They went with DOT 5.1 brake fluid because it has the highest wet boiling point and dry boiling point of any bicycle brake fluid, it’s viscosity stable across the operating temperature range, it’s readily available, and it’s proven. The brakes come with their lifetime leak-proof guarantee, and they offer every piece of it separately so you can rebuild them if ever needed.

Performance Charts

Here’s how it all comes together: This chart shows the lever force versus lever stroke. The new Dominion (red) begins moving the pads way earlier than most.

And once it does, it requires lower lever force to reach the same clamping force at the pads. That should translate into smooth, easy to apply power.

Claimed weight for the brakes is 310g, all in, plus 160g to 200g for the rotors, including bolts. Retail is $229 (€235) per wheel for the brakes, and $50 (€51) per rotor. They’re all sold separately so you can pick the rotors you need and mix and match if desired.

The first batch has already shipped to US distributors, so they should be available through your local dealer by July 16th. European availability should be about the same to a week or so later.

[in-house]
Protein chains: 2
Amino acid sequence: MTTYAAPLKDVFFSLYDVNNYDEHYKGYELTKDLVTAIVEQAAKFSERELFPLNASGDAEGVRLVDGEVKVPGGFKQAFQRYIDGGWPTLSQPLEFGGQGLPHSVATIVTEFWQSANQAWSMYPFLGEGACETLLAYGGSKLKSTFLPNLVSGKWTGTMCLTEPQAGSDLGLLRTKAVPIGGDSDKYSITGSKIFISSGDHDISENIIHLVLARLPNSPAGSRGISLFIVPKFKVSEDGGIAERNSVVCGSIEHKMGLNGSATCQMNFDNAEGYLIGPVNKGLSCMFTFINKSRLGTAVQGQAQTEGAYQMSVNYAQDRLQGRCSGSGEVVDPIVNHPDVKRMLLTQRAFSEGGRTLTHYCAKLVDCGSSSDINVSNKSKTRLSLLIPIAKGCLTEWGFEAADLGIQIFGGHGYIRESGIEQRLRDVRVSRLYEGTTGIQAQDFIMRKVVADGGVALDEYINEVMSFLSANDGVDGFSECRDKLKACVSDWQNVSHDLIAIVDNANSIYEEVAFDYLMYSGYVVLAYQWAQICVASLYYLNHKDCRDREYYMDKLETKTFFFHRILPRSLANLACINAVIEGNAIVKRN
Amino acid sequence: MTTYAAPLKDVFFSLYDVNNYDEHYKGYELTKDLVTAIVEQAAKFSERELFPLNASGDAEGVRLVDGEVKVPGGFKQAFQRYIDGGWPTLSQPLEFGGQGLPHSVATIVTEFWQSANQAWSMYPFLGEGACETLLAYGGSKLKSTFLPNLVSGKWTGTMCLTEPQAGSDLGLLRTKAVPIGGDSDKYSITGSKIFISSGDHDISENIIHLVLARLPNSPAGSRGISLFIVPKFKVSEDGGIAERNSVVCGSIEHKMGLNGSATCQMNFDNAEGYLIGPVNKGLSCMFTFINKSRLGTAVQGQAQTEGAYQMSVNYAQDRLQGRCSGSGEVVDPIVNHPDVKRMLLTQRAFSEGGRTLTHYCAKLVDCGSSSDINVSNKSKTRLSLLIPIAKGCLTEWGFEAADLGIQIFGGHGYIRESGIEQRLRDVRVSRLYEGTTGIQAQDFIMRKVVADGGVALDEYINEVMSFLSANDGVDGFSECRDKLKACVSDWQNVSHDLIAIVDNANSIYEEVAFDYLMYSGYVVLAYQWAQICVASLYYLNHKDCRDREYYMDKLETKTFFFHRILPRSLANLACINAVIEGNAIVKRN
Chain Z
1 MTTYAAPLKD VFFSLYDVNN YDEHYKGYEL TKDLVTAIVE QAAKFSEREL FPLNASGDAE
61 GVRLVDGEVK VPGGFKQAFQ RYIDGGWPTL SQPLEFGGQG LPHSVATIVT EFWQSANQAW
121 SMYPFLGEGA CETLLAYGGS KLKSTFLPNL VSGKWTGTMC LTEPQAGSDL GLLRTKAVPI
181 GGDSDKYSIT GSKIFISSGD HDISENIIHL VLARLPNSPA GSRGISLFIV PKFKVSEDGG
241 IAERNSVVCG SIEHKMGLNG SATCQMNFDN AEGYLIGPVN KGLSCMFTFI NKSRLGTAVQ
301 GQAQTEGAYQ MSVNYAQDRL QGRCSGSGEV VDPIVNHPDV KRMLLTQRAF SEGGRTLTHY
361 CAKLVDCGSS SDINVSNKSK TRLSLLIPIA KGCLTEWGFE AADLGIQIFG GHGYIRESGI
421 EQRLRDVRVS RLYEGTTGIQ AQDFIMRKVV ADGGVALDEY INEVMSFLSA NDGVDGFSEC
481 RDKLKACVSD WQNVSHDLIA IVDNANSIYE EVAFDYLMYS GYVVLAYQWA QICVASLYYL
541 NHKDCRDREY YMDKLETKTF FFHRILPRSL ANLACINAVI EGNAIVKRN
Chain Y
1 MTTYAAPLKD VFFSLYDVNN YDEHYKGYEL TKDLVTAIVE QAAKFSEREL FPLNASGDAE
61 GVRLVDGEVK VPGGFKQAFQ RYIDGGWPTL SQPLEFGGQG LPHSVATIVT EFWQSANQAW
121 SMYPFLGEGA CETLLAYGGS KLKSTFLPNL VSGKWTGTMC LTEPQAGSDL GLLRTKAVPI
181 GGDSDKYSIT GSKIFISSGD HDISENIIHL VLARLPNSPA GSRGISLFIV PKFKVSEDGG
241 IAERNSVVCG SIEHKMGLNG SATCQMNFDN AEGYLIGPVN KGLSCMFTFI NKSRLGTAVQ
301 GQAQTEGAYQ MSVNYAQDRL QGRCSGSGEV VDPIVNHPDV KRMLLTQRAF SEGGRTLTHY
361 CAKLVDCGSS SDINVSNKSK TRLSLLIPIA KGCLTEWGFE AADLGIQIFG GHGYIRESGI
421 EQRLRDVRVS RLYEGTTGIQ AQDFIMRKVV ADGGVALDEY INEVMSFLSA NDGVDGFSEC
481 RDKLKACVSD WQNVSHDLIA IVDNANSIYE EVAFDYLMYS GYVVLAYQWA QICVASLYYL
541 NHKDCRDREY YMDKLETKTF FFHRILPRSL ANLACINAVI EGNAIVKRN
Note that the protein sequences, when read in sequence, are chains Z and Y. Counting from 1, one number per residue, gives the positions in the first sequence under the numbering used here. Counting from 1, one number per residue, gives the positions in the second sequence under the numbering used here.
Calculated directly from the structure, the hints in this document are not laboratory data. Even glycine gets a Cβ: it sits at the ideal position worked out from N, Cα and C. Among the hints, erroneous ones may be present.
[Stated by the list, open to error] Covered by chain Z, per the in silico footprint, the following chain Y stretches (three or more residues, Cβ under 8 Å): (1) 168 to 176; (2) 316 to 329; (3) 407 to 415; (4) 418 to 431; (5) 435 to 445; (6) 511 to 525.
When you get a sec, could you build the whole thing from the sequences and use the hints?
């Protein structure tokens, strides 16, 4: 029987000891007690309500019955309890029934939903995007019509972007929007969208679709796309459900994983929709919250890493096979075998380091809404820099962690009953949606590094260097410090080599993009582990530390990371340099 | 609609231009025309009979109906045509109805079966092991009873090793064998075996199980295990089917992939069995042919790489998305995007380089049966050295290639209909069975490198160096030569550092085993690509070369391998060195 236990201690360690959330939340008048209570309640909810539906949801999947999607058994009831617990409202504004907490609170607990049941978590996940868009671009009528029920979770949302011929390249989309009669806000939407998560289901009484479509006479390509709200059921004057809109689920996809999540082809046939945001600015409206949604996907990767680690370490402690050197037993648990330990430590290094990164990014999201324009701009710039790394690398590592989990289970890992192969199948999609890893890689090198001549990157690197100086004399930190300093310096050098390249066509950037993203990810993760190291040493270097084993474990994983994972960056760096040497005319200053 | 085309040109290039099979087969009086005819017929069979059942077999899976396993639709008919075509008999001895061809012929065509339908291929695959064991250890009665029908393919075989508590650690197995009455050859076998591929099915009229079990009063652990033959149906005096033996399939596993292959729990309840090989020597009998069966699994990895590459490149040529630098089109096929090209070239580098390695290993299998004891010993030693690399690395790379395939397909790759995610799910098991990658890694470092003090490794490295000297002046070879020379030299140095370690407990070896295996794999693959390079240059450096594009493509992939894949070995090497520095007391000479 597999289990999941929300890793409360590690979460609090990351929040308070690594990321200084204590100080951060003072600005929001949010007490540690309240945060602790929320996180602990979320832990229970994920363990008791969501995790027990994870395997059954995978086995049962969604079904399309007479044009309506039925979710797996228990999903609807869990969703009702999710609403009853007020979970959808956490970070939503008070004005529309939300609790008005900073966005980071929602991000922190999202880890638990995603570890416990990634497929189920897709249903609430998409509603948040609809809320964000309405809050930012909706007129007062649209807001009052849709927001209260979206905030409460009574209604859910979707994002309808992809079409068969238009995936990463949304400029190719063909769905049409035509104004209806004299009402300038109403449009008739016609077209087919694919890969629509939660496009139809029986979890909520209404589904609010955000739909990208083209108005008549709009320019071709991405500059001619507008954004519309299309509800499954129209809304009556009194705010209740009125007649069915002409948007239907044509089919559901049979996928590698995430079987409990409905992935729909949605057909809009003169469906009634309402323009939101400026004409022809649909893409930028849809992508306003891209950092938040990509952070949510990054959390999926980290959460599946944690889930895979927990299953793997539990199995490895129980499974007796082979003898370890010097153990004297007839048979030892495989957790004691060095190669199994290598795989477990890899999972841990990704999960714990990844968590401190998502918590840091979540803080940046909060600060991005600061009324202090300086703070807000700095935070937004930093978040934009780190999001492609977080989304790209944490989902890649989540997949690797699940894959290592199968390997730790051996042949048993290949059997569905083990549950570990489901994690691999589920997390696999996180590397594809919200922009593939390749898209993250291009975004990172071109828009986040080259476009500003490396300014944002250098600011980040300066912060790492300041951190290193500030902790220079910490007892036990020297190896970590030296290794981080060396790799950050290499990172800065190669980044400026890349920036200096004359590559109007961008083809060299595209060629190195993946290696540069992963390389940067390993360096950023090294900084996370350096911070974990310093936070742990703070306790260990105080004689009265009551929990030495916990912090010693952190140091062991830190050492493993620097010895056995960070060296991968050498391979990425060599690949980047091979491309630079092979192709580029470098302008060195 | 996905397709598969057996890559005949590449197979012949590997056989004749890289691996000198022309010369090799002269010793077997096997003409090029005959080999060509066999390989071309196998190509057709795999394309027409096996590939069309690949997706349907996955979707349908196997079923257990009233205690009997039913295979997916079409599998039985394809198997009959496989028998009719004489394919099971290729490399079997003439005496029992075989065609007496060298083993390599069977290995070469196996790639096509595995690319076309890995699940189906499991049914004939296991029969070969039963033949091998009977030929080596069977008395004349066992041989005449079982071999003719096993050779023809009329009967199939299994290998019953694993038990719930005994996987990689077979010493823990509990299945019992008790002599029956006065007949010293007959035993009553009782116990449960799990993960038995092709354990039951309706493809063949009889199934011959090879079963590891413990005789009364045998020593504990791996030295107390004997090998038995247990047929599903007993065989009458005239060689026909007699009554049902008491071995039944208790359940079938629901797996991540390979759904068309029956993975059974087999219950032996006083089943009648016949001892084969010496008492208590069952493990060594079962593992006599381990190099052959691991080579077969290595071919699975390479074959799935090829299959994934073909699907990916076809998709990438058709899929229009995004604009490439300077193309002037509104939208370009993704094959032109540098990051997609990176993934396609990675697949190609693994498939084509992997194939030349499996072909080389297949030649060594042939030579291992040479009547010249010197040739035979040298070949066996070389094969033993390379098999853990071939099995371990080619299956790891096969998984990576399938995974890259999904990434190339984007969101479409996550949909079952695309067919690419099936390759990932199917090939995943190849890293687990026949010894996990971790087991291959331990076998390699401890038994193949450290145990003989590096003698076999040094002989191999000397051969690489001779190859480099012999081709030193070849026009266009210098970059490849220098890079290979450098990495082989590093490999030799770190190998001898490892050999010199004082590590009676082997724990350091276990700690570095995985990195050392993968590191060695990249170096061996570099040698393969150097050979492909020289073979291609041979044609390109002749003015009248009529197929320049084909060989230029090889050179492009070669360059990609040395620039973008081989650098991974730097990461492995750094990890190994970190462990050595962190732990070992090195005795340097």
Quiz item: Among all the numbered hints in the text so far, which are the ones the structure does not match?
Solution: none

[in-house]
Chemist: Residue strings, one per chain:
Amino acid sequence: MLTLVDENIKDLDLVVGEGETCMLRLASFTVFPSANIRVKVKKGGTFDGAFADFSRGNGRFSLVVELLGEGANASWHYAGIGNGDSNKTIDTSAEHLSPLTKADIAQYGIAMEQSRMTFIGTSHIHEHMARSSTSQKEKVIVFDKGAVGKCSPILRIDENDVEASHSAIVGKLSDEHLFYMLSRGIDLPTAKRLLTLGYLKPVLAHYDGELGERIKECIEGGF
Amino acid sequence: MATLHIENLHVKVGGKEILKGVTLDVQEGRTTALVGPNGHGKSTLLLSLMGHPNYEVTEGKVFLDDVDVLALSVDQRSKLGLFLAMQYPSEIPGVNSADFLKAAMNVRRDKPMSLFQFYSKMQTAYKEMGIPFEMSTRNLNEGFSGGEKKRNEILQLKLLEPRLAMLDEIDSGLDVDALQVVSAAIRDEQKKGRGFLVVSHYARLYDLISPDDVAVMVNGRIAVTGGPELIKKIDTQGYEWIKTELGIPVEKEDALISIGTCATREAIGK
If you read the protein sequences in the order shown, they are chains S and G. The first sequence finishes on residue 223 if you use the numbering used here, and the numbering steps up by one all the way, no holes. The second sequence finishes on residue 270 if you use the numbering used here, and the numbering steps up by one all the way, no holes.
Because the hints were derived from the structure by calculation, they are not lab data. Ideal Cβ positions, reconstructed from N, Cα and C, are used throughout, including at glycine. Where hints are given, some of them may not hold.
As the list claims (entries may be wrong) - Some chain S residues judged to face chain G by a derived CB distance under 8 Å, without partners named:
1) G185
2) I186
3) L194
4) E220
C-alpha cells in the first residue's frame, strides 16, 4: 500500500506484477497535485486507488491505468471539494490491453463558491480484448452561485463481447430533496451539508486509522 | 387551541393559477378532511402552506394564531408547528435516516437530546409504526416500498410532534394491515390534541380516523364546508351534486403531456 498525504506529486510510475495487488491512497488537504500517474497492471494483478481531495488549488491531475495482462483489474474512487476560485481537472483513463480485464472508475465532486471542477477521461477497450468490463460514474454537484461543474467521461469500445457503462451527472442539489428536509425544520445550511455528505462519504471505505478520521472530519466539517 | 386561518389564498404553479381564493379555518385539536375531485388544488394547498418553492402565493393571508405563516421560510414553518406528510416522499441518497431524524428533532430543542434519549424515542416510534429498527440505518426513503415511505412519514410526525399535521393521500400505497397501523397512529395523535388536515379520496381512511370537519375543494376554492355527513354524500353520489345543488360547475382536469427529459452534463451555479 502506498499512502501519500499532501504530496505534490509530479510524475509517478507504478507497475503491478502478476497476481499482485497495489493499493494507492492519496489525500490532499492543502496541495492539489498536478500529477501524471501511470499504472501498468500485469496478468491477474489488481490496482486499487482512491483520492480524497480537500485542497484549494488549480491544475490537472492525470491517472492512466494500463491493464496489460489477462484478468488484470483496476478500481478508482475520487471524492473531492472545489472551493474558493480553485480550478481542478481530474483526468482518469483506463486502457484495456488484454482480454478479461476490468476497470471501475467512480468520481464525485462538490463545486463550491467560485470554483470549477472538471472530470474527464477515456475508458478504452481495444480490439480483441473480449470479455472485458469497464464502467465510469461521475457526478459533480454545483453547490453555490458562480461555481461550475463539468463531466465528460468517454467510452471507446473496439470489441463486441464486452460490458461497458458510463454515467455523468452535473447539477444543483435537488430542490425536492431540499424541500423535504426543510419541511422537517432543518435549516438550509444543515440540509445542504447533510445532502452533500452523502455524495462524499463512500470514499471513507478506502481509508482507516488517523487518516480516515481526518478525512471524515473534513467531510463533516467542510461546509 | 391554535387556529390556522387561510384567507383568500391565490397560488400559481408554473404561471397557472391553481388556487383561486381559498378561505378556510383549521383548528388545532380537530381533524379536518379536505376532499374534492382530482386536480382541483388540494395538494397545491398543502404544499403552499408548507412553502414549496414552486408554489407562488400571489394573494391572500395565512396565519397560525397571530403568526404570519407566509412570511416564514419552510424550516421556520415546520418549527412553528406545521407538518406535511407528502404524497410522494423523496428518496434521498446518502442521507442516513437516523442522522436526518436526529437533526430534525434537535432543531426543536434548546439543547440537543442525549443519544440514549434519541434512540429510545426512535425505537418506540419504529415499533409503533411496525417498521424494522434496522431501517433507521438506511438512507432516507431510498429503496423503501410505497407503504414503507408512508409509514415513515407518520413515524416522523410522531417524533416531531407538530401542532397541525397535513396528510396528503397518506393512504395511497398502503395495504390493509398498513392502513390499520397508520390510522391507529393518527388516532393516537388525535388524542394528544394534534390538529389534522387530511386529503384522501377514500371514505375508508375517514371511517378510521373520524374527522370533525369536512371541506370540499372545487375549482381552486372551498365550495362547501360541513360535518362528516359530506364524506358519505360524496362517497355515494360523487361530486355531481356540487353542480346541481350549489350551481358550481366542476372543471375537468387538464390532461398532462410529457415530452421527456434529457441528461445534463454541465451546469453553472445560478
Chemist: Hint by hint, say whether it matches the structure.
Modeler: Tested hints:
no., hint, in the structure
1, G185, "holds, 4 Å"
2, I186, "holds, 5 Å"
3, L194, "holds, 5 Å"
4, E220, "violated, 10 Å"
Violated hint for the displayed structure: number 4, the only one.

1. I’m a big fan of Hayes brakes. The poppet cam free stroke adjustment on the Prime brake is by far the best on the market. I also loved the ergonomics and aesthetics of the Prime lever, knida sad they stopped producing it…

    Now those caliper bleed screws together with the crosshair adjusters are very neat.

  2. That crosshair adjustment is one of the best things I’ve ever seen. Comparing street prices on Shimano, which retail for something like half of srp, doesn’t seem fair. Nor does comparing prices on 2-pot XC brakes to these (you can’t get Saint or Zee for $80/wheel).

    It’s funny to me how people piss and moan about standards or proprietary anything, but also about DOT fluid. Idiots at your bike shop not knowing how to handle it nonwithstanding, it’s readily available at any auto parts store, or wal mart, truck stop, most any hardware store… and if these are anything like the Hayes of old, you won’t need to bleed them regularly.

  3. Hahaha. “No Noise”, wonder who that would be pertaining to SRAM.

    I’ve had exactly one experience with Hayes disc brakes, and OMG were they horrible. Permanently soured me on them. I’ll just stick with Shimano disc brakes.

  4. Whenever I see somebody go thru the trouble of buying and installing brakes, and they aren’t Shimano, I always wonder….. did the place you bought those run out of Shimano brakes?